Going well, but not here
3 July 2007
Going well, but not here
The latest Canterbury Manufacturers’ Association (CMA) Survey of Manufacturers completed during June 2007, shows total sales in May 2007 increased just over 19.5% (export sales increased almost 21% with domestic sales increasing by just over 18%) on May 2006.
The CMA survey sample this month reported NZ$513m in annualised sales, with an export content of 40%.
Net confidence was recorded at 8, down from 25 last month.
The current performance index (a combination of profitability and cash flow) is at 96, up from the previous month’s 95, the change index (capacity utilisation, staff levels, orders and inventories) increased to 103 from 99 on the previous month, and the forecast index (investment, sales, profitability and staff) dropped to 102 from 105 recorded in April. Anything less than 100 indicates a contraction.
Constraints reported 15% production, 15% staff and markets 69%.
Staff numbers for January increased to 4.6%.
“This survey indicates that things are going well for some manufacturers who report strong revenue numbers. However, there is no escaping the impact of the exchange rates on margins and profitability. Although sales have increased, the rampant kiwi dollar is eating away at returns at one end, with some significant cost increases chipping away at the other. It is a case of margin, what margin?” says Chief Executive John Walley.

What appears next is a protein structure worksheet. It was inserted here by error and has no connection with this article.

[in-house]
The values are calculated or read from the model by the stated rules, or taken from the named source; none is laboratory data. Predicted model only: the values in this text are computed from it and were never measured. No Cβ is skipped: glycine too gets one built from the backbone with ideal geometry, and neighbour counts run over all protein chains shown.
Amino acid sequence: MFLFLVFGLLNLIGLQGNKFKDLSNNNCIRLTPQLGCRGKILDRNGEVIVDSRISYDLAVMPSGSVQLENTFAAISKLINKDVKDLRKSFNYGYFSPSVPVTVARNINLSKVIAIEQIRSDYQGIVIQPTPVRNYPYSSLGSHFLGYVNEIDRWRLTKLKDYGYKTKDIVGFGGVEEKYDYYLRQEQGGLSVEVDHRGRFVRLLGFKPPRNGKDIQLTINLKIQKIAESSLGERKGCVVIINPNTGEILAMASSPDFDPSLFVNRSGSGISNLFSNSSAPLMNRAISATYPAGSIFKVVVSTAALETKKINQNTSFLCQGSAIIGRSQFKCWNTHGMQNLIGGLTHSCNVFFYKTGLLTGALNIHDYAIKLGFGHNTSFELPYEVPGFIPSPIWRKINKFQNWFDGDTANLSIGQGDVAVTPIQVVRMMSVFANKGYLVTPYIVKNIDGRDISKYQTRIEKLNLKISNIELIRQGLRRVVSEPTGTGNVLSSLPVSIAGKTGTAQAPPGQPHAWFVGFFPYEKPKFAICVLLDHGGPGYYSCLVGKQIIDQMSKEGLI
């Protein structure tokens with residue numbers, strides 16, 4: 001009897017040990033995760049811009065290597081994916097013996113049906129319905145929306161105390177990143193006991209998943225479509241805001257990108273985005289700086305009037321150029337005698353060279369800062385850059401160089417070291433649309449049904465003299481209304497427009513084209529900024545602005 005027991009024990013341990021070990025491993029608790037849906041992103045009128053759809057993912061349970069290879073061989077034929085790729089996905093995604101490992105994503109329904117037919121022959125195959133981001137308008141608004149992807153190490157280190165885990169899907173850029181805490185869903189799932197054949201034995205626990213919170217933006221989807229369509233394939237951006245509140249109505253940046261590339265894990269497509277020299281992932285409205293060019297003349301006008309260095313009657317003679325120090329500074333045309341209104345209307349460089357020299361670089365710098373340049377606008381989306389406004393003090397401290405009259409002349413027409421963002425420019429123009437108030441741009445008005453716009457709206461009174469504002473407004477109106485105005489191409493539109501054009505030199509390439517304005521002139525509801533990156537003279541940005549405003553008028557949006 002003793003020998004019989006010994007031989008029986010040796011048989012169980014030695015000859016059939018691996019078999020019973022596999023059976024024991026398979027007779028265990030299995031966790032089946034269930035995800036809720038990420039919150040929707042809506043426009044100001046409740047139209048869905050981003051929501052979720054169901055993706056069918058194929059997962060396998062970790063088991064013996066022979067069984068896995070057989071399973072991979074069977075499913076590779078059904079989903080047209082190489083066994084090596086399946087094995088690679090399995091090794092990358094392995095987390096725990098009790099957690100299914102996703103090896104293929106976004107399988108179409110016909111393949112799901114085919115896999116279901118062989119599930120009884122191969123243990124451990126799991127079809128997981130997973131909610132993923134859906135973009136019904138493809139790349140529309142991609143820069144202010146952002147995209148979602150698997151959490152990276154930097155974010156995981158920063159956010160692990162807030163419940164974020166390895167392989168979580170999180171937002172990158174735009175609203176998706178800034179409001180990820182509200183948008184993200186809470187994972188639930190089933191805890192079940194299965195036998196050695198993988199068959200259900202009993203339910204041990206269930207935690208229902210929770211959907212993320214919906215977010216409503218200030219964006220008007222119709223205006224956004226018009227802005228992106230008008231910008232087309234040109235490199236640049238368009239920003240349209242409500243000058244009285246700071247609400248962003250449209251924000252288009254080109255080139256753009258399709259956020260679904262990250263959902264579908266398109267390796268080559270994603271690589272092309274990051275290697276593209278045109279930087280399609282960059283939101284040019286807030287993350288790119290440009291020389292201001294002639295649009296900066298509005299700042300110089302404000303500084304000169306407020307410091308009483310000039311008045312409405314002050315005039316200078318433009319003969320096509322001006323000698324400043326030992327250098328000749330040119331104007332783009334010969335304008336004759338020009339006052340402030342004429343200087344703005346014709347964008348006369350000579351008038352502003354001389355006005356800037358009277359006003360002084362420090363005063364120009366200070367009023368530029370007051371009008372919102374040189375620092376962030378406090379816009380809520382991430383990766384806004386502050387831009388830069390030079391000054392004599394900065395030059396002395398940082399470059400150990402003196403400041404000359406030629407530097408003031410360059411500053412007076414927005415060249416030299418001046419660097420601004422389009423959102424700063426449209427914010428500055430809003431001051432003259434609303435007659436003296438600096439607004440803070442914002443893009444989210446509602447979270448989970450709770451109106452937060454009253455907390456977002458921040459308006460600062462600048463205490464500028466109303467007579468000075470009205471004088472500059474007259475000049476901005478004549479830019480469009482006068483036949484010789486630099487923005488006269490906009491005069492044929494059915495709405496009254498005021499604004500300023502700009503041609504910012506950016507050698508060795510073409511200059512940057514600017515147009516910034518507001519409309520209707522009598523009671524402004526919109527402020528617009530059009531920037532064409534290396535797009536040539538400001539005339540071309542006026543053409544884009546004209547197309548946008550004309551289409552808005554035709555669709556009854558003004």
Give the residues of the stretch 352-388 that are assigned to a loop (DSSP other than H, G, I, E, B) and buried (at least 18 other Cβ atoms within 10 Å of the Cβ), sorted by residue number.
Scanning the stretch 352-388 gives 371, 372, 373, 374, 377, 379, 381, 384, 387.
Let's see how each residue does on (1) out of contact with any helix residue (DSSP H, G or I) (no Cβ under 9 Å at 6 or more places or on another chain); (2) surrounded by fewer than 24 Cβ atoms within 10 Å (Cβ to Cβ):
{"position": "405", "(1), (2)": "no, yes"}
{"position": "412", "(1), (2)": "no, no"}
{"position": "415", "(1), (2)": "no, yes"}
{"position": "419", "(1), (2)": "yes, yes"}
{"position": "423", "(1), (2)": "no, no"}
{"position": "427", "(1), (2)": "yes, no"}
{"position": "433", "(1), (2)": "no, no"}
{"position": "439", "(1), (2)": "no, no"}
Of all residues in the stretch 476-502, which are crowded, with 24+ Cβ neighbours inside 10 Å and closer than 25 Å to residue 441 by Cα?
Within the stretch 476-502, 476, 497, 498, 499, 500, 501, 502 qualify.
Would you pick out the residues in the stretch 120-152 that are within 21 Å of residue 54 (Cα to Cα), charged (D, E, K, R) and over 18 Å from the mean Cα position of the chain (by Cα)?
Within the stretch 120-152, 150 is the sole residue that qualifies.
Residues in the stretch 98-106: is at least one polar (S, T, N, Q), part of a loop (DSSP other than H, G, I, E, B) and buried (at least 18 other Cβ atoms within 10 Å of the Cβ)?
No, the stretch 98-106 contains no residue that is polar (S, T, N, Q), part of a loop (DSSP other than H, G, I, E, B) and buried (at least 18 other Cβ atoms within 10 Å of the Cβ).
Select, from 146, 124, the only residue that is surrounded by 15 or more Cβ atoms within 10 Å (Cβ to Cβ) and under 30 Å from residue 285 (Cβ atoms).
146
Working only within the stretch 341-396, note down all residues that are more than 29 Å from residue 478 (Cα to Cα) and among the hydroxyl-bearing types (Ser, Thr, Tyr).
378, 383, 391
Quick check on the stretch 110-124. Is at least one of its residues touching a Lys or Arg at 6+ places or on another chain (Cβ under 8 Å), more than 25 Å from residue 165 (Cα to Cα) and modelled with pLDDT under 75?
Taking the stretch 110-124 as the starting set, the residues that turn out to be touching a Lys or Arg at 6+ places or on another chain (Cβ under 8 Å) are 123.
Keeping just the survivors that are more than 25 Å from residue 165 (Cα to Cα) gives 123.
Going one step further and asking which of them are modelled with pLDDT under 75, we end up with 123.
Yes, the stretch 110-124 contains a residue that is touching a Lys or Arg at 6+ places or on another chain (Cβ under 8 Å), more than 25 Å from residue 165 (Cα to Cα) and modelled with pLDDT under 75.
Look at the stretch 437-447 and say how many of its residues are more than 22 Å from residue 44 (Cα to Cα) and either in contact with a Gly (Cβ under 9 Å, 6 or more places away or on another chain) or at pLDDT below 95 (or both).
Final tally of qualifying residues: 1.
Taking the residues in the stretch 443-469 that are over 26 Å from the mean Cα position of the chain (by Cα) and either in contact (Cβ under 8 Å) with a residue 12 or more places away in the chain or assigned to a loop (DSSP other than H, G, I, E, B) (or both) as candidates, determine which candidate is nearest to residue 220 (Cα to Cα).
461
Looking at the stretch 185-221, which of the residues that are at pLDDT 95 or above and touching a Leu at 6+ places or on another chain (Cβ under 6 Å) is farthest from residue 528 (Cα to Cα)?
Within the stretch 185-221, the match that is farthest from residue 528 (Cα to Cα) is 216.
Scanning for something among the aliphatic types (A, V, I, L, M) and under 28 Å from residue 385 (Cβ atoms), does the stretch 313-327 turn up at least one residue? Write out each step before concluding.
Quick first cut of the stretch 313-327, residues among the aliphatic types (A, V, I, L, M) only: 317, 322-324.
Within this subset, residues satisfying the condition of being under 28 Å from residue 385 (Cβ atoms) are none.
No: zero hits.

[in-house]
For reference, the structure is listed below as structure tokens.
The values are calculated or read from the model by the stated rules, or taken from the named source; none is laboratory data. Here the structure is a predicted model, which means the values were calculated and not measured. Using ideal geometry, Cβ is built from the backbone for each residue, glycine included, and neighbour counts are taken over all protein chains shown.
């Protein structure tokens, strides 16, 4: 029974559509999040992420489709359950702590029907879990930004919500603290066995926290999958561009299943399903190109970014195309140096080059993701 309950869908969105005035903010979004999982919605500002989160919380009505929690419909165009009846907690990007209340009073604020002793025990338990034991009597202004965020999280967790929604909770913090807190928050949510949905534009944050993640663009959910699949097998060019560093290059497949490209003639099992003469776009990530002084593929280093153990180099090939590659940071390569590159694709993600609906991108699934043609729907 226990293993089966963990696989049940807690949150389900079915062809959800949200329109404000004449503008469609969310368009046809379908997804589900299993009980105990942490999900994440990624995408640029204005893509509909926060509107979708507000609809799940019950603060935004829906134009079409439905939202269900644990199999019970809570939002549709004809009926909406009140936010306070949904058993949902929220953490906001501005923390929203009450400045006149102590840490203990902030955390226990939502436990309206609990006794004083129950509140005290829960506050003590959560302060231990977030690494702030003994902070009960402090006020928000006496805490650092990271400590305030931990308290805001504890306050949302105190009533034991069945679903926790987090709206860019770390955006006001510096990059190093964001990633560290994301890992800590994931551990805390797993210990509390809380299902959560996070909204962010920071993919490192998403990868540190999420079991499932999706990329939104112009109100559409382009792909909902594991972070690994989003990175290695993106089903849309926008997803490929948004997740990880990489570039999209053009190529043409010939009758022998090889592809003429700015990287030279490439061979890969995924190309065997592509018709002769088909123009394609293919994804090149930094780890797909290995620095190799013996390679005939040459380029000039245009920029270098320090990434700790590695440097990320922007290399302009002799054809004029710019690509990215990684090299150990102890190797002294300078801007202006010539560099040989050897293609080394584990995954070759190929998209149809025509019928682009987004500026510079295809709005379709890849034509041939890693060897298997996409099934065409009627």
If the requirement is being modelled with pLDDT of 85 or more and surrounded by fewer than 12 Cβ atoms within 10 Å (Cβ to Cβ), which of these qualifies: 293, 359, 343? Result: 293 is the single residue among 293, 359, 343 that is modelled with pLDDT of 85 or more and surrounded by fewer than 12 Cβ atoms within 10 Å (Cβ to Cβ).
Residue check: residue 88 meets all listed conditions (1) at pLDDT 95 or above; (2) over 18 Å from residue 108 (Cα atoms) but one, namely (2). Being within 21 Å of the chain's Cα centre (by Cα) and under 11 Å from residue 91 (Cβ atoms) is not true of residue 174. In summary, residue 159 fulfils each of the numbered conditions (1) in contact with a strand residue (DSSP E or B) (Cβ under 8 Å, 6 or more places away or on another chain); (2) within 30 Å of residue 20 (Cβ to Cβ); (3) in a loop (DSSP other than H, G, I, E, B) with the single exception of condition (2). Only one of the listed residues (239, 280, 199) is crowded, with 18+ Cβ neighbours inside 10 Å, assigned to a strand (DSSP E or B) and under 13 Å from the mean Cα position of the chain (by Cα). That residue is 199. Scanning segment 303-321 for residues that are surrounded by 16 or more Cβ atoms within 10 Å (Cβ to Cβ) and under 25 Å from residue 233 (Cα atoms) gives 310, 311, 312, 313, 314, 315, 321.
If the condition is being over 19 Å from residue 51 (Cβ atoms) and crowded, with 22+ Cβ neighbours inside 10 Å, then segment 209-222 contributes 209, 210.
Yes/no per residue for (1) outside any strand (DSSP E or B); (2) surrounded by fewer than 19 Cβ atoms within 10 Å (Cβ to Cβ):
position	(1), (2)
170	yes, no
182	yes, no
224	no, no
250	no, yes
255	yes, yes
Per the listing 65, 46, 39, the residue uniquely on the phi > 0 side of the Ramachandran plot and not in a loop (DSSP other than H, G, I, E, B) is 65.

“As nearly always, there is better news for those in the building sector, those with a domestic focus, or those who trade in Australian dollars. However, with the NZD pushing above AUS.0.90 barrier, the concern is that one of those three may have turned for the worse”.
The majority of manufacturers in New Zealand do not sell to consumers, they are largely links in supply chains and they are reporting slow and difficult payments. This is a clear indication that things are getting worse”.
“It is worth noting one issue cropping up in our survey is that it appears increasingly difficult to attract research and development (R&D) into New Zealand. Local companies have well-established relationships with offshore partners that have been willing to invest in R&D, yet these partners are finding it difficult to justify R&D in New Zealand. Better conditions exist elsewhere in the developed world and the NZD bubble expands at the cost of losing future opportunities in New Zealand”.
“All up, we are struggling to win with the R&D and compete with production costs. Where is the future for the economy? Generally, work is becoming piecemeal or project based, and it is increasingly hard to justify new projects or start New Zealand based development”.
“Even those with the heart to “do it at home” are finding that their head says “do it somewhere else”.
“Perhaps it is a case of doing well but not here”.